Simple word autocomplete just displays a list of words that match the characters that were already typed. But I would like to order the words in the autocomplete list according to the probability of the words occuring, depending on the words that were typed before, relying on a statistical model of a text corpus. What algorithms and data structures do I need for this? Can you give me links for good tutorials?
Peter norvig had an article How to Write a Spelling Corrector that explains how Google's Did you mean...? feature works that uses Bayesian inference to make it effective. It is a very good read, and should be adaptable to an autocomplete feature.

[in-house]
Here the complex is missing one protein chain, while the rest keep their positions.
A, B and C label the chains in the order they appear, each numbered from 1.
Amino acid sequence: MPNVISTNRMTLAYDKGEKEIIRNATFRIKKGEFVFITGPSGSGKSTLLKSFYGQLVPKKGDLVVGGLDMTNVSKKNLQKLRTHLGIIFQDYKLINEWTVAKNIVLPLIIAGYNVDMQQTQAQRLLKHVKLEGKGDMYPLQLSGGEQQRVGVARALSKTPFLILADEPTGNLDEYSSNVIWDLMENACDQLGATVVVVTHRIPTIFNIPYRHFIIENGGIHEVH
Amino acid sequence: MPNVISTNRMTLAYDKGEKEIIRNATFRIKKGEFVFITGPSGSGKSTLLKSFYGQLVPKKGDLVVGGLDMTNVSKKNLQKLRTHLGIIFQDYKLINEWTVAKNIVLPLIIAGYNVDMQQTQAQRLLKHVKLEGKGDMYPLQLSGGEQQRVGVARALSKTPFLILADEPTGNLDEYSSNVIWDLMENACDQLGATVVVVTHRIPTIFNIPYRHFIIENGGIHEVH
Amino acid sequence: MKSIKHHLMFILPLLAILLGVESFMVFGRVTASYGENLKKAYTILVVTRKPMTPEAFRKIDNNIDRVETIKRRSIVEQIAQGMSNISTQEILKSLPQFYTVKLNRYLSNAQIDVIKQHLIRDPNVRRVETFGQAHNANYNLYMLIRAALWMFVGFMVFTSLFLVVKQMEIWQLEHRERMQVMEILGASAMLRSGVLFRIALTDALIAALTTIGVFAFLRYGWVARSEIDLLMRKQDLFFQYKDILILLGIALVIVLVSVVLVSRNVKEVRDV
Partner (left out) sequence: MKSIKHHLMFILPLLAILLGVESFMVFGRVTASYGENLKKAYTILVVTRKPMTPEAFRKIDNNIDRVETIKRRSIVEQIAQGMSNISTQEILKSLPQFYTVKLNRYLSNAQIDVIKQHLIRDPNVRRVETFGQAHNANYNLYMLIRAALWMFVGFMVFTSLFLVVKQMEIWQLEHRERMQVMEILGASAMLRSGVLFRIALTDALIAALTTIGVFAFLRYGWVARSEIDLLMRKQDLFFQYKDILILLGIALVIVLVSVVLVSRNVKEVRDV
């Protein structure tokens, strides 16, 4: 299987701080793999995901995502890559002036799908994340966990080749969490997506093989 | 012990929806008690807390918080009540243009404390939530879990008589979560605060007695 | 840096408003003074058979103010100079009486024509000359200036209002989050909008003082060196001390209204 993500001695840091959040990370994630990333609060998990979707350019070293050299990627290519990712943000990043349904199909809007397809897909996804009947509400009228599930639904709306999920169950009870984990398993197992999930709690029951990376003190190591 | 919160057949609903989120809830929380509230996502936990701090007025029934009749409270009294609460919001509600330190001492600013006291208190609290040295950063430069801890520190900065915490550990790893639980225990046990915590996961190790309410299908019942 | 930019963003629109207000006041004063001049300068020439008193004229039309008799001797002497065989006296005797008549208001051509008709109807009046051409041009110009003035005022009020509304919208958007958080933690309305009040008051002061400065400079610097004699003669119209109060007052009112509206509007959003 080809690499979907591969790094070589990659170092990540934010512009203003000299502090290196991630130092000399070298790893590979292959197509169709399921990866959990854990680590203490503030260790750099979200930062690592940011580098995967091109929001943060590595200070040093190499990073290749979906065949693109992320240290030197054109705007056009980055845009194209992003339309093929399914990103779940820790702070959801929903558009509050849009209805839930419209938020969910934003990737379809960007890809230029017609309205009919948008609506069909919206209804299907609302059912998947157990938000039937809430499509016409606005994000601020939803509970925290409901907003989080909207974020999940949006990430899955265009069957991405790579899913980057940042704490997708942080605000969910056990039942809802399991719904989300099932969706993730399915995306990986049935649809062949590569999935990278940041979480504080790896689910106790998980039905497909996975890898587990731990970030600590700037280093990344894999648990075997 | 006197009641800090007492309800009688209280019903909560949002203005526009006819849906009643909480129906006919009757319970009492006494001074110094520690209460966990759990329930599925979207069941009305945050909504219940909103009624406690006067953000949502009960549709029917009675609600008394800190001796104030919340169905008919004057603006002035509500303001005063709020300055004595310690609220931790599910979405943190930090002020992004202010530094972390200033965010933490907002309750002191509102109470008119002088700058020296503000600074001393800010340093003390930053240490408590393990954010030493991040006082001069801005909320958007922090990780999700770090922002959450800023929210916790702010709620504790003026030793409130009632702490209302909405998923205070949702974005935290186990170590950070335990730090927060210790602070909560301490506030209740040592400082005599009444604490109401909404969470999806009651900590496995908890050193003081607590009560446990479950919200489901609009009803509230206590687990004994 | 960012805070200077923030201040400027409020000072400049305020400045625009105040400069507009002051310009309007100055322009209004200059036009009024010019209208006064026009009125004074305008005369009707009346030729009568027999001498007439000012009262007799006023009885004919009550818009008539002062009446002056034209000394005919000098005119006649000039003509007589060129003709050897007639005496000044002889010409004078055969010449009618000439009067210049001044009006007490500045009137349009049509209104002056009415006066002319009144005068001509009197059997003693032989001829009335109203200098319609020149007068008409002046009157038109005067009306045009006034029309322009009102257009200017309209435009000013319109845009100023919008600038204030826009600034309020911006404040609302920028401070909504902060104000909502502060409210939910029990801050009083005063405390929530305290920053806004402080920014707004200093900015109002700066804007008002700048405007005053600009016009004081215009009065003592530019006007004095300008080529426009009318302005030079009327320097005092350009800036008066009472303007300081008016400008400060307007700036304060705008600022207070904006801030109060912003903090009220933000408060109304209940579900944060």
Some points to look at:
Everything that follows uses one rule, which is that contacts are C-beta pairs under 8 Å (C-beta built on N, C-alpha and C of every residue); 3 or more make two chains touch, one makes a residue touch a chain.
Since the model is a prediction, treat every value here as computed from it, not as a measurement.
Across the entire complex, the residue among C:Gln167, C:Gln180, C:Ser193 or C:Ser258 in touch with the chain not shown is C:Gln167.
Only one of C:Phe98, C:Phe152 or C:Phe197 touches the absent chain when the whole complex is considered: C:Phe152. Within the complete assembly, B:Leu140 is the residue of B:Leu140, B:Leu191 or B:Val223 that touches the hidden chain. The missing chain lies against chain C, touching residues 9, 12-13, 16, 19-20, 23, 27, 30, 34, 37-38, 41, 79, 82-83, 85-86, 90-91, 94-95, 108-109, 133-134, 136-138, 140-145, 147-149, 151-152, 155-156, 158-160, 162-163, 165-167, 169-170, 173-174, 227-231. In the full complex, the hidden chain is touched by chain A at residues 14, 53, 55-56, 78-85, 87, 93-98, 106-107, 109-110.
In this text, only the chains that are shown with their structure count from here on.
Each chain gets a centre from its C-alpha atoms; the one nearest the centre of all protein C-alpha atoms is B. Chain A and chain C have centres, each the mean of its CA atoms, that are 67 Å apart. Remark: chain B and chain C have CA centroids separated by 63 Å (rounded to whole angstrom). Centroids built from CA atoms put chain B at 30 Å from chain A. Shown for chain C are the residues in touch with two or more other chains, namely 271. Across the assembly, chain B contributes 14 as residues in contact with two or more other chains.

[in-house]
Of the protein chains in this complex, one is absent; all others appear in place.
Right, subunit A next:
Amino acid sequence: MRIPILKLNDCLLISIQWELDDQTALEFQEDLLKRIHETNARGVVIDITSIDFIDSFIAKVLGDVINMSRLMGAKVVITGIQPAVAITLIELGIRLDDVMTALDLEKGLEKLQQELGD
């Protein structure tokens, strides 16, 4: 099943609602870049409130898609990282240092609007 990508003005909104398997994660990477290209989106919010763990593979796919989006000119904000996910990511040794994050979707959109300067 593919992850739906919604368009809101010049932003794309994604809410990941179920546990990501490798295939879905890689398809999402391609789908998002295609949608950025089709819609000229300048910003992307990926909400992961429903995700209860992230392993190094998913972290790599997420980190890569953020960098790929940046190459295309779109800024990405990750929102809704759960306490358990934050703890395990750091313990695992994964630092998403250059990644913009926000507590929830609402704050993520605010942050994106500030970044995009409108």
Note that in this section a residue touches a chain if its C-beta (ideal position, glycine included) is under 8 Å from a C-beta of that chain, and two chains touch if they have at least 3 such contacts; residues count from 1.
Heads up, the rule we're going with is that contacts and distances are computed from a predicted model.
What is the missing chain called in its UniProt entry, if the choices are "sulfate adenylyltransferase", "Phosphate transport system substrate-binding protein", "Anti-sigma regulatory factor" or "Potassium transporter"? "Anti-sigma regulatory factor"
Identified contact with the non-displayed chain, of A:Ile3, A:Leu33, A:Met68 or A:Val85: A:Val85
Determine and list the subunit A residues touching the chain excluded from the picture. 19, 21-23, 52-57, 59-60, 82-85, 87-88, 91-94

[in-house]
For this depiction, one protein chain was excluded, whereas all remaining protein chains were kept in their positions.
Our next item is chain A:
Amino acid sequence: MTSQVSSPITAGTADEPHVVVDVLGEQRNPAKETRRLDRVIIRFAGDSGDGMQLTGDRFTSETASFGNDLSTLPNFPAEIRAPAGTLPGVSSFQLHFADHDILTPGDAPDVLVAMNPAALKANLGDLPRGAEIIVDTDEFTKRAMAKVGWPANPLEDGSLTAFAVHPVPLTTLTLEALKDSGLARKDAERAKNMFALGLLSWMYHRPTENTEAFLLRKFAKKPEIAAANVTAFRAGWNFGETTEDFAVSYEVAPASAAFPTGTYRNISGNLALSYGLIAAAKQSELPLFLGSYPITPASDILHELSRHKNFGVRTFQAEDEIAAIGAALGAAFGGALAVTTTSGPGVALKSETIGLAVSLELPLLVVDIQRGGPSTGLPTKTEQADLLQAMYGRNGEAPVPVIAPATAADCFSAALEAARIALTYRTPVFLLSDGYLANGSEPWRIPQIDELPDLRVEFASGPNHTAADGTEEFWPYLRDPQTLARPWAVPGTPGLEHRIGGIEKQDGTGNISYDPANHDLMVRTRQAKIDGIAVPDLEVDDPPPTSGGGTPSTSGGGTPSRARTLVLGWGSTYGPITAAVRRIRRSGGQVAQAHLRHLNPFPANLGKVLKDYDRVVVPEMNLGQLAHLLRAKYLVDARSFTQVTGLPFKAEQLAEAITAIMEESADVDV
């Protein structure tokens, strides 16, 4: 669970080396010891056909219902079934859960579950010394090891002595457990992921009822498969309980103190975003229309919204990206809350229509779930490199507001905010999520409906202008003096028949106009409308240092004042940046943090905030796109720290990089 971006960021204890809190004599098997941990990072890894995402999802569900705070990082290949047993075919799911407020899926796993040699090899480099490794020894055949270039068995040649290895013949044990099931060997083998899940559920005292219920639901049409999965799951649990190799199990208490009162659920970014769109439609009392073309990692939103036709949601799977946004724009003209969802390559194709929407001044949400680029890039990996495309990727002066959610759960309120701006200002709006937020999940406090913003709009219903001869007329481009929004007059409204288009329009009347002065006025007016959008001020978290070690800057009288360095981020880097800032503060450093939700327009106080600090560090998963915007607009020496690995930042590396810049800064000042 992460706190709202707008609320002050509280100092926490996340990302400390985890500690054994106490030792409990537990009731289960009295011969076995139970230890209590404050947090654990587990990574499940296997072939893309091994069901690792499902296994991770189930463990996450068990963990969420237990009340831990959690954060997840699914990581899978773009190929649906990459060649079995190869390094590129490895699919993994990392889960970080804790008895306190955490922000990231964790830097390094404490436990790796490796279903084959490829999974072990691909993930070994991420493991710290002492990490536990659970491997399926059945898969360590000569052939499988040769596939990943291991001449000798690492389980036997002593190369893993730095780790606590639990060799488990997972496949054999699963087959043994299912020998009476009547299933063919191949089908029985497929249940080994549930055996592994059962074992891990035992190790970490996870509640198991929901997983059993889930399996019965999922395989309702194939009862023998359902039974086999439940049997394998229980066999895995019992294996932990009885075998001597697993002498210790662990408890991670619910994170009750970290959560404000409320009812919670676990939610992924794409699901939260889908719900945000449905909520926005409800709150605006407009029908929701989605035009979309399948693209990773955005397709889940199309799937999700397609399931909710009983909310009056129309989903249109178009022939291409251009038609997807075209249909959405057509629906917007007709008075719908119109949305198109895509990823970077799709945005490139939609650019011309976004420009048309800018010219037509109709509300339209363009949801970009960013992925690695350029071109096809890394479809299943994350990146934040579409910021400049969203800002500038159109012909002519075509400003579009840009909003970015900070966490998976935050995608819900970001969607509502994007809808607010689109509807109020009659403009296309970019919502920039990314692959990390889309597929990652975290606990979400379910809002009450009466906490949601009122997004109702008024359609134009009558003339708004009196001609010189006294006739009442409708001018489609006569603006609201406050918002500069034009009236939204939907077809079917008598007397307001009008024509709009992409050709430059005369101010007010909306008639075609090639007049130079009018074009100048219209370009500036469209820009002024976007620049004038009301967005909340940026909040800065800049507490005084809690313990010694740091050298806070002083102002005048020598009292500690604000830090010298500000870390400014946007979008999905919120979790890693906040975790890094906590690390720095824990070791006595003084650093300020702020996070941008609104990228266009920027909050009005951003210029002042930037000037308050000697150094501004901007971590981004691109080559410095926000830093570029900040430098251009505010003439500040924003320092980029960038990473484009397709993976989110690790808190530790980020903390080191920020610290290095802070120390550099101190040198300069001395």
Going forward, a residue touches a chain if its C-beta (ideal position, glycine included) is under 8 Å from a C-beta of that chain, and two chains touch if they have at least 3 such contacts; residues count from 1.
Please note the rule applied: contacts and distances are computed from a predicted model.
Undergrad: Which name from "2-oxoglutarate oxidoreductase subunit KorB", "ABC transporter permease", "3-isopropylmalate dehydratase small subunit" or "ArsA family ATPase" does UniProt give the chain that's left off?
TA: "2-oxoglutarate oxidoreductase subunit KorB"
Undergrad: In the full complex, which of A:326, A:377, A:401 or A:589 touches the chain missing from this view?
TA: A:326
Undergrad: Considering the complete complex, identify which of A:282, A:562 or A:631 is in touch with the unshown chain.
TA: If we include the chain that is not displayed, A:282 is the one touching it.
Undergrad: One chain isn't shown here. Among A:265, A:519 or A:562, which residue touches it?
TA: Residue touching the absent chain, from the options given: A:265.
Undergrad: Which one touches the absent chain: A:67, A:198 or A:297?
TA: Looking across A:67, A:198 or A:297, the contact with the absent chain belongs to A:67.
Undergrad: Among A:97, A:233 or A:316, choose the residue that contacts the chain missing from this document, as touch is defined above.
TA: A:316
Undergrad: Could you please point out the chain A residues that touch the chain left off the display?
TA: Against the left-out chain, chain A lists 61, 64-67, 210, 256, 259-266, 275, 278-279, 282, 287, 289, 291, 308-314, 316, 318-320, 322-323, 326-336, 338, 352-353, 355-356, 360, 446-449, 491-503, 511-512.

You don't need probability for autocompletion. Instead, build a prefix tree (aka a trie) with the words in the corpus as keys and their frequencies as values. When you encounter a partial string, walk the trie as far as you can, then generate all the suffixes from the point you've reached and sort them by frequency.
When a user enters a previously unseen string, just add it to the trie with frequency one; when a user enters a string that you had seen (perhaps by selecting it from the candidate list), increment its frequency.
[Note that you can't do the simple increment with a probability model; in the worst case, you'd have to recompute all the probabilities in the model.]
If you want to delve deeper into this kind of algorithms, I highly suggest you read (the first chapters of) Speech and Language Processing by Jurafsky and Martin. It treats discrete probability for language processing in quite some detail.